A Spanish judge indicted 13 suspected Islamic extremists Wednesday on charges of belonging to Al Qaeda (search).

The indictment said the suspects, mostly Moroccans, had formed two terror cells in 2003 — one in Morocco and one in Madrid — and concluded that after Spain sent peacekeeping troops to Iraq that year, the country was "an enemy of Islam and therefore it was necessary to stage an attack" in Spain.

The 13 men were arrested in raids starting last October after police claimed to have foiled a planned suicide truck bombing to blow up the National Court, the hub of Spain's investigation of Muslim extremism, including last year's train bombings in Madrid.

However the indictment issued by Judge Fernando Grande-Marlaska did not specifically accuse them of planning to destroy the court. It only charged them with belonging to a terrorist group, namely Al Qaeda.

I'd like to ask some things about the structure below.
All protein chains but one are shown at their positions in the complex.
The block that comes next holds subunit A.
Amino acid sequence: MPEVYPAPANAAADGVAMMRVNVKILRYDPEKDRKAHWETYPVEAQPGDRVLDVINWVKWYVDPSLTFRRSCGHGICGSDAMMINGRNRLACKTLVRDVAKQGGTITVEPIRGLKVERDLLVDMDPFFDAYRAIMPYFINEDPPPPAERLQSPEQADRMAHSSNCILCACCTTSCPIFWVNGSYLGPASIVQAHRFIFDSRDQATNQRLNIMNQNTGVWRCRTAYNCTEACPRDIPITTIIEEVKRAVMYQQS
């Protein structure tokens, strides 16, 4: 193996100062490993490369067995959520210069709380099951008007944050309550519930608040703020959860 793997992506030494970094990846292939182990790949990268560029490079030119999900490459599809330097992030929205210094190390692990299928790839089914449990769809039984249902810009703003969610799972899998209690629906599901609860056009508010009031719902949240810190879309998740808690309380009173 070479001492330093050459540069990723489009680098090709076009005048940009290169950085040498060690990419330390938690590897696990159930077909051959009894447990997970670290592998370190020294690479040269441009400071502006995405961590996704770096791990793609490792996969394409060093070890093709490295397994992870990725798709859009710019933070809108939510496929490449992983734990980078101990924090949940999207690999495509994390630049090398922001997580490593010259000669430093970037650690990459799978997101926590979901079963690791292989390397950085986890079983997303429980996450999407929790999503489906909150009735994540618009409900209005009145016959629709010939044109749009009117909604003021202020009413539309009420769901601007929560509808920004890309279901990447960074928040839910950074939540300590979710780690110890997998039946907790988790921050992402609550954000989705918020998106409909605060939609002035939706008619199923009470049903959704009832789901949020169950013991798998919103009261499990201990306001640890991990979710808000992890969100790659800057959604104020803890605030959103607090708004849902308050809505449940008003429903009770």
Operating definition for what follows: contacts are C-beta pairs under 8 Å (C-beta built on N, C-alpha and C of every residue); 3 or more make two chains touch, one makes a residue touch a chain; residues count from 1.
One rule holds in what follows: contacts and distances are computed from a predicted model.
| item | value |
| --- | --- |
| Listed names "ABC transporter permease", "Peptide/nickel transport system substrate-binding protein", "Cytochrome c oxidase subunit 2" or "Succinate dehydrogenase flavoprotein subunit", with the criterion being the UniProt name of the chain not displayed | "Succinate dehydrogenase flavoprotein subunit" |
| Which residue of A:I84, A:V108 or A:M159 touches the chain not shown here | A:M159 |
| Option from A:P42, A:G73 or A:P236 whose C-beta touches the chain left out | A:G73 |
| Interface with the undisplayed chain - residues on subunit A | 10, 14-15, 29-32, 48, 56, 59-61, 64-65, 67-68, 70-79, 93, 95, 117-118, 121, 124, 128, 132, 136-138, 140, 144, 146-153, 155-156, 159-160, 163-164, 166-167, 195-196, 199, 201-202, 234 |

Mohamed Achraf, the jailed Algerian suspected of masterminding that plot, was not among those indicted Wednesday.

Four of the 13 men indicted are fugitives. Eight are in jail in Spain and one is in prison in Morocco in connection with the Casablanca bombings of May 2003.

The indictment said the Madrid cell also included two key suspects in the March 11, 2004, train bombings in Madrid — Moroccan Jamal Zougam and Egyptian Rabei Osman.

But the judge said he is not indicting them in this case because they are already under investigation over the train bombings, which killed 191 people. No indictments have yet been issued over that attack.